The magnificent foliate back handle has a close parallel in two bronze attachments from the Mahdia wreck (an ancient ship, laden with works of art, that sank off Tunis at the end of the second century B.C.E.). They appear to have a slightly different curvature but are strikingly similar to the lebes handle in style and basic composition. On the lebes, the toothed acanthus of the handle proper continues beyond the hinge, breaking like a wave onto the lid, where the foliage is modeled in low relief and has frothing, ruffled edges like the acanthus on Italo-Hellenistic capitals.

Hellenistic rococo inspiration is obvious in the bust of a satyr decorating the front of the vase. The handsome, high-cheekboned young rustic snaps his fingers an bares his teeth in a wild, impudent grin; his eyes and teeth are silvered. His facial features and his gesture recall the Kroupezion Satyr and the Young Centaur, large-scale Hellenistic works usually dated in the second half of the second century B.C.E. The finely modeled bust seems to reproduce a prototype of this time with almost academic precision. One detail, the wart near the right nostril, has a realism almost unknown outside of Roman portraiture. (There are at least two other bust appliques with the same composition, but they are in completely different styles from our piece and have both been dated, perhaps on insufficient evidence, relatively early in Hellenistic times).

Other elements carry us further into Roman Republican or Early Imperial times. The vessel's lip is decorated front and back with flat plates of cut-out scrollwork. This cut and curled ornament is a Roman fashion, at its height in the metalware of the first century B.C.E. The miniature cup held by the young satyr is decorated around the lip with scrollwork in the same style and is fitted with thumb-plates, loop handles, and finger-rests like those familiar from silver drinking cups of the first centuries B.C.E. and C.E. The cut-out ivy-leaf shaped plates connecting the spool feet with the body or our piece are also very Roman. The large repousse vine leaf under the back handle seems a spontaneous creation, loosely inspired by the applique vine-leaf attachment plates of oinochoe handles.

The delicate foliate ornament worked in relief below the bust recalls another forerunner for th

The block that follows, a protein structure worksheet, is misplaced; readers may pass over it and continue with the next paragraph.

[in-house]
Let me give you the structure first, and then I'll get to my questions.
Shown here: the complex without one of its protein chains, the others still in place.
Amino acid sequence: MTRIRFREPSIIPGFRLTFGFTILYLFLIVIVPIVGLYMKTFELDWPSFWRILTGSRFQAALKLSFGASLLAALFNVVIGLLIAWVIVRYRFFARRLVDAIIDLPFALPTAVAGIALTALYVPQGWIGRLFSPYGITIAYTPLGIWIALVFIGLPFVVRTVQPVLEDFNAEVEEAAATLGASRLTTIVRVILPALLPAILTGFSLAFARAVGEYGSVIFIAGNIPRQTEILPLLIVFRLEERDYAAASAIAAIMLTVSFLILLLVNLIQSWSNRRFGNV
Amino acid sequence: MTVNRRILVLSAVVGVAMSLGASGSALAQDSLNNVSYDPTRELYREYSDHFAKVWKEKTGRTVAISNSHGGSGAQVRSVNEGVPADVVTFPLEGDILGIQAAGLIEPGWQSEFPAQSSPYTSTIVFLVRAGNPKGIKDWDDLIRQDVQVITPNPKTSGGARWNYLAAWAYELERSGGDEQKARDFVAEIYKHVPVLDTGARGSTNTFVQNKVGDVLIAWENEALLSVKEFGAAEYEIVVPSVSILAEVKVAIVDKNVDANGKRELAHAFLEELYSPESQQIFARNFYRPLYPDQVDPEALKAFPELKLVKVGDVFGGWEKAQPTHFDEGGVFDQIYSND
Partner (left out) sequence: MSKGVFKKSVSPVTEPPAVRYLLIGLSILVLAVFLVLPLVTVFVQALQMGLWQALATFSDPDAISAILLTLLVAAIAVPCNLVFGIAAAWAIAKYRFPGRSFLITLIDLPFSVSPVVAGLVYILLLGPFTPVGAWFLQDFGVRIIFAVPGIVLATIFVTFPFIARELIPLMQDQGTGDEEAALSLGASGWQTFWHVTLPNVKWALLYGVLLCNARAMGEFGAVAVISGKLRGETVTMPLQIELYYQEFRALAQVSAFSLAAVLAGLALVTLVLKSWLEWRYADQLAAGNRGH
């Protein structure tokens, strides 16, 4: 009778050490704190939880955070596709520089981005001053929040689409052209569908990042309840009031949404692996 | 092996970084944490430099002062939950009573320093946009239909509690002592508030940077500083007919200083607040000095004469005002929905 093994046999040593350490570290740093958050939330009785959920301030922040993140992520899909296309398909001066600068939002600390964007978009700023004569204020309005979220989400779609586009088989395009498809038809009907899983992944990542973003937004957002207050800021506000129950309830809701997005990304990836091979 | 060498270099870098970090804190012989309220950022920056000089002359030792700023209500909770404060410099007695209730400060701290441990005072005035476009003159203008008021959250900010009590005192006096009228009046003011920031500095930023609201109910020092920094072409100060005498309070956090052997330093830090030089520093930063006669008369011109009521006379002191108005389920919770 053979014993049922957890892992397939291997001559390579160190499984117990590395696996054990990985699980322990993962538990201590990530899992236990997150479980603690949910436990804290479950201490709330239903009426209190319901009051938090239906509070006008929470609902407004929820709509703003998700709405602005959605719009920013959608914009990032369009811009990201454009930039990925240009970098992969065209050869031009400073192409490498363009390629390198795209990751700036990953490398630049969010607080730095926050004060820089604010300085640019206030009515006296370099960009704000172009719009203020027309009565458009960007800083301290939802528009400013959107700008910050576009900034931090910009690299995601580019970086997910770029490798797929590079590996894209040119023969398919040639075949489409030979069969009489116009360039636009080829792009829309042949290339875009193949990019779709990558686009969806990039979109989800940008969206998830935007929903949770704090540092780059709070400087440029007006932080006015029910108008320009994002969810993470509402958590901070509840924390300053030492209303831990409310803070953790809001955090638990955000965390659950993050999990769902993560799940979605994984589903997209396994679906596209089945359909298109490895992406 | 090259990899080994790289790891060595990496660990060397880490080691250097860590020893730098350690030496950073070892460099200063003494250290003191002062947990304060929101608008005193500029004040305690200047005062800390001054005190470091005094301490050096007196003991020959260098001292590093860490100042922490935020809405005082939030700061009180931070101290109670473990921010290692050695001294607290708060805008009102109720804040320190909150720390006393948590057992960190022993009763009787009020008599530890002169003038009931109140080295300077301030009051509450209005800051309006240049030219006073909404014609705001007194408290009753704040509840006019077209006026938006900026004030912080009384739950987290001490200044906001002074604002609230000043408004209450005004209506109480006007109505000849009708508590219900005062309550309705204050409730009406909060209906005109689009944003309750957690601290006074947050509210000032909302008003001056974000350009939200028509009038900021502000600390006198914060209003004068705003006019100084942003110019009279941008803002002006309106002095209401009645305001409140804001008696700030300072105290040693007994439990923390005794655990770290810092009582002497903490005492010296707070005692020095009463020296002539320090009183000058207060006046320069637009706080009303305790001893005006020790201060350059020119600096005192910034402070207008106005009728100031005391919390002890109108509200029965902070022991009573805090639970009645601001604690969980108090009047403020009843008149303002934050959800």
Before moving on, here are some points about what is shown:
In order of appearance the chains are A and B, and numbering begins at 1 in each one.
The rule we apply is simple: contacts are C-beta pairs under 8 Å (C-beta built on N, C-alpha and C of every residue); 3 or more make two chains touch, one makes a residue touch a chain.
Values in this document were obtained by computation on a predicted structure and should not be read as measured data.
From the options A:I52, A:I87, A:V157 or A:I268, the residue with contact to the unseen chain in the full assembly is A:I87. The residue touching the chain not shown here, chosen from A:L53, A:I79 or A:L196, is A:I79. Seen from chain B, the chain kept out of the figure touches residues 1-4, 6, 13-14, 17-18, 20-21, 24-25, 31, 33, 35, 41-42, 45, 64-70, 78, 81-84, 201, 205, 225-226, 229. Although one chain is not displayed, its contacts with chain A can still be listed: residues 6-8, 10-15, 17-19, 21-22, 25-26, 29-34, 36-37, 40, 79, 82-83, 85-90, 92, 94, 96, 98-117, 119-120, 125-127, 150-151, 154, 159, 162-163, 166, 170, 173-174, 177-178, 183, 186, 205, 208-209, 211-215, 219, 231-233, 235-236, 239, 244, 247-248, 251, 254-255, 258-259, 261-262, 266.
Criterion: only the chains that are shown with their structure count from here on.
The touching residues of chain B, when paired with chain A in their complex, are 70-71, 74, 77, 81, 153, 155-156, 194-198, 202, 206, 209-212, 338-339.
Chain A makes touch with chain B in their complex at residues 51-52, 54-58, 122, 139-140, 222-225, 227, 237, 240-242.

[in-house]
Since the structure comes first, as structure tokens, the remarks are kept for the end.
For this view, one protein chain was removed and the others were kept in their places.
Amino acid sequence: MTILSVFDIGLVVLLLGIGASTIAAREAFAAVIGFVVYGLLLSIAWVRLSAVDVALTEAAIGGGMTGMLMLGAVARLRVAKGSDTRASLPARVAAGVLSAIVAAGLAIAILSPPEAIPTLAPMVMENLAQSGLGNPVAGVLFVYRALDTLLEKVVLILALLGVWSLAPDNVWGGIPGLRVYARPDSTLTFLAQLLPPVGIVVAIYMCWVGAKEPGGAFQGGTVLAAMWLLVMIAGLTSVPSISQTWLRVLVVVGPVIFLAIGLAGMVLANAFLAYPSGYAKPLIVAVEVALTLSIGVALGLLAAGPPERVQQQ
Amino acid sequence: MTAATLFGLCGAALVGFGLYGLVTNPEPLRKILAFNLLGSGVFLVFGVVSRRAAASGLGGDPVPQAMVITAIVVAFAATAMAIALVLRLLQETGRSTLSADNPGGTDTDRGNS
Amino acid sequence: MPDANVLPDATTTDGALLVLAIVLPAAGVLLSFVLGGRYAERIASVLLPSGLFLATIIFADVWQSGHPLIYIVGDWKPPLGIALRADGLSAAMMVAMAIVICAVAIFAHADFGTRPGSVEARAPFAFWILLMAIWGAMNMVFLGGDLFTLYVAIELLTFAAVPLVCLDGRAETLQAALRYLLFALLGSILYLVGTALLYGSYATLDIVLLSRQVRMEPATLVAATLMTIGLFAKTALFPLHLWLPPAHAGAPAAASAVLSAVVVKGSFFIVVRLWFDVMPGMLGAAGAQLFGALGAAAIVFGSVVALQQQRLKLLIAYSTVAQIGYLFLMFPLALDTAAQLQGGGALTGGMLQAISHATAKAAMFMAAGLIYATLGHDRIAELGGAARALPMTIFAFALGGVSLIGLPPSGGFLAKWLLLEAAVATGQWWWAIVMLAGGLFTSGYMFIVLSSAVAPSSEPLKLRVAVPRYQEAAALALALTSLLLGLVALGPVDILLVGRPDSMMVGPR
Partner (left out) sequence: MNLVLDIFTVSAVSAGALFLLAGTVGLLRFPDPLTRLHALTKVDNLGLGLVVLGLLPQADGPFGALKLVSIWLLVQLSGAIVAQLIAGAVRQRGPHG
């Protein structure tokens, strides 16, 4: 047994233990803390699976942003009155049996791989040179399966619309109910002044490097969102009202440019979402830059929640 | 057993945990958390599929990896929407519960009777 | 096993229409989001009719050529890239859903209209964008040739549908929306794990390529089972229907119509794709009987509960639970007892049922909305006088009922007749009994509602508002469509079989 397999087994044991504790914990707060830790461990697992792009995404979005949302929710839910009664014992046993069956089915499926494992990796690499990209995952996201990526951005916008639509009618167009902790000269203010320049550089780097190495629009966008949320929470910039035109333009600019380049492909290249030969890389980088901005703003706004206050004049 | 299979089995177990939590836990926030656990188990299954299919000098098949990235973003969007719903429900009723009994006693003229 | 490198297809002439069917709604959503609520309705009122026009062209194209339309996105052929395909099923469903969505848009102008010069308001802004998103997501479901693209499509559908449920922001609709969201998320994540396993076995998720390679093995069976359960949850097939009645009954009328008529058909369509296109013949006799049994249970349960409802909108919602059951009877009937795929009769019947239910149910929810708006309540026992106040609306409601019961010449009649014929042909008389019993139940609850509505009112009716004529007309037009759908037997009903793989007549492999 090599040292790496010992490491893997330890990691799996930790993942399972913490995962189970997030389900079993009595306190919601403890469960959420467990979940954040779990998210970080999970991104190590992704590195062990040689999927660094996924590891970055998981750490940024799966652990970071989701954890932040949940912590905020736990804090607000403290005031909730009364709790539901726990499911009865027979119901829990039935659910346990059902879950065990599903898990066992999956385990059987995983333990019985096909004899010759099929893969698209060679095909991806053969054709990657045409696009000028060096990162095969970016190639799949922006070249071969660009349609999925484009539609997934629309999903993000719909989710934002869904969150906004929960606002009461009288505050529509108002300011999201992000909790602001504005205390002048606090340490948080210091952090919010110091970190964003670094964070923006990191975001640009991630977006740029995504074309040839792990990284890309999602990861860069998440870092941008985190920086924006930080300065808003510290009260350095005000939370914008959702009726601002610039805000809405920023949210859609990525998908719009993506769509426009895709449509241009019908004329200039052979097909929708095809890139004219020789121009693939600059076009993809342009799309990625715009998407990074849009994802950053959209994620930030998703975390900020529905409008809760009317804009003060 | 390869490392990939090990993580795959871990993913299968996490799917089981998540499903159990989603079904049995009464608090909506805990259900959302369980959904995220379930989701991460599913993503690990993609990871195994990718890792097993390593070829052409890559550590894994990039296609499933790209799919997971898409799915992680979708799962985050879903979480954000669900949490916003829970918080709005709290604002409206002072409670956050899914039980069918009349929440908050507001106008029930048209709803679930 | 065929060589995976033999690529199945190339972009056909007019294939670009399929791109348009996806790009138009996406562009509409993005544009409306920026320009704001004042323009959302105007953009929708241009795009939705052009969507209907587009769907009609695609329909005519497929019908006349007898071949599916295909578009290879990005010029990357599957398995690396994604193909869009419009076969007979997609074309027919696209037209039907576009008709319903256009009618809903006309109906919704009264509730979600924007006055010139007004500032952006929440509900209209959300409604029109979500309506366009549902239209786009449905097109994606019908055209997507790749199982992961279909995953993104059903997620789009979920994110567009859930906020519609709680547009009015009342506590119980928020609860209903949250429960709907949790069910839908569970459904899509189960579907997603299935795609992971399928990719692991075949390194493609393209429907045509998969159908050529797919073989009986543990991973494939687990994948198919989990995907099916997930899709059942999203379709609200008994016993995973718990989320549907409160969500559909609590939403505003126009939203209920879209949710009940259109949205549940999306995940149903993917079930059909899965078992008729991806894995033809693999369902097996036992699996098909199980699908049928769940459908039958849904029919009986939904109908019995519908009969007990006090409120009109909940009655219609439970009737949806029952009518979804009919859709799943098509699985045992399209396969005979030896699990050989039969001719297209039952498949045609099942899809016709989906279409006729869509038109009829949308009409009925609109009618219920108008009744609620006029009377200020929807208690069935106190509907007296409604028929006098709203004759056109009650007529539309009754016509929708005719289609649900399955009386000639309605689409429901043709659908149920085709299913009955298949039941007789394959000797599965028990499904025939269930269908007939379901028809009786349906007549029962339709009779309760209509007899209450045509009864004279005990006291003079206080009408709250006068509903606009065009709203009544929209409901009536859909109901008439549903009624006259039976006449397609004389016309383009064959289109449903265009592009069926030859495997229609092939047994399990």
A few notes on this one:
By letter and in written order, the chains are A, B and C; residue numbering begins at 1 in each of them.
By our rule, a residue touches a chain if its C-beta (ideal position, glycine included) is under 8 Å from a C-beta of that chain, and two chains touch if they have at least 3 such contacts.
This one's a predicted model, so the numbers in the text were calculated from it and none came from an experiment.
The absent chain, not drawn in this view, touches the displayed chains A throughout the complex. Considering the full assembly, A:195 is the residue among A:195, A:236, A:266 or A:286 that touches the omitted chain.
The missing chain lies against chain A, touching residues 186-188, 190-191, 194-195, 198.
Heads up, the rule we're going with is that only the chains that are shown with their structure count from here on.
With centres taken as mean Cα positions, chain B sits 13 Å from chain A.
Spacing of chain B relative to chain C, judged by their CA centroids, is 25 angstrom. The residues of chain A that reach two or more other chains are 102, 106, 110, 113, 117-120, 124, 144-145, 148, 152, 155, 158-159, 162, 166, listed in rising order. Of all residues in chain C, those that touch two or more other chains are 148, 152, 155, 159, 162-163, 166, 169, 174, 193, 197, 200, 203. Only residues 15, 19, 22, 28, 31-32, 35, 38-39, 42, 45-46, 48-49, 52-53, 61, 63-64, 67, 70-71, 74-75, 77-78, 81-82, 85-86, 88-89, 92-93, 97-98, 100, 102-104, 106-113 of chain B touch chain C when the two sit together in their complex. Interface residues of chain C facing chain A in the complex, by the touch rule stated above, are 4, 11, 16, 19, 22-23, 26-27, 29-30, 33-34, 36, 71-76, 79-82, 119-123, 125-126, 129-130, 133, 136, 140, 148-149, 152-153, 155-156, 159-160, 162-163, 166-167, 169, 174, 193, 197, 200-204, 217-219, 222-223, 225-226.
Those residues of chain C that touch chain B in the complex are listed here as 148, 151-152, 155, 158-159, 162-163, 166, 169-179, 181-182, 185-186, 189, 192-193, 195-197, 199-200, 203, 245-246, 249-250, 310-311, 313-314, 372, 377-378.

Epcot's Germany Pavilion

Epcot's Germany Pavilion

From Wikipedia, the free encyclopedia

The original design of the pavilion called for a boat ride along the Rhine river. It was to have focused on German folklore, in a similar manner to the Mexico and Norway rides. According to the Walt Disney Company's 1976 annual report the ride was to be " ... a cruise down Germany's most famous rivers -- the Rhine, the Tauber, the Ruhr and the Isar. Detailed miniatures of famous landmarks will also be seen, including one of the Cologne Cathedral."

Though the building was built, Disney did not complete the ride construction by opening day. It was announced to be part of "phase two" of expansion. To avoid costs, Disney dropped all phase two attractions and decided that any expansion projects would only be allowed if a host country funded for it. Because of lack of funding, the ride building is now used as storage space. You can see the main entrance hall, as it's now the dining area for the Biergarten. The ride building is used for storage for floats, a workshop and cast member rehearsal space.

The Germany Pavilion is designed to look like a German town, but with architecture from different eras and regions. The Platz (square) is decorated with a statue of St. George and the Dragon and a clock tower. The Biergarten, at the rear of the courtyard, sells traditional German food. The pavilion also has numerous small shops selling German goods, including dolls and cuckoo clocks. The area near the pavilion is decorated by an extensive model village with working model trains.

Characters from the Walt Disney animated feature "Snow White and the Seven Dwarfs", which was inspired by the version of the tale attributed to the Brothers Grimm, make appearances in and around the pavilion.

decorating wine theme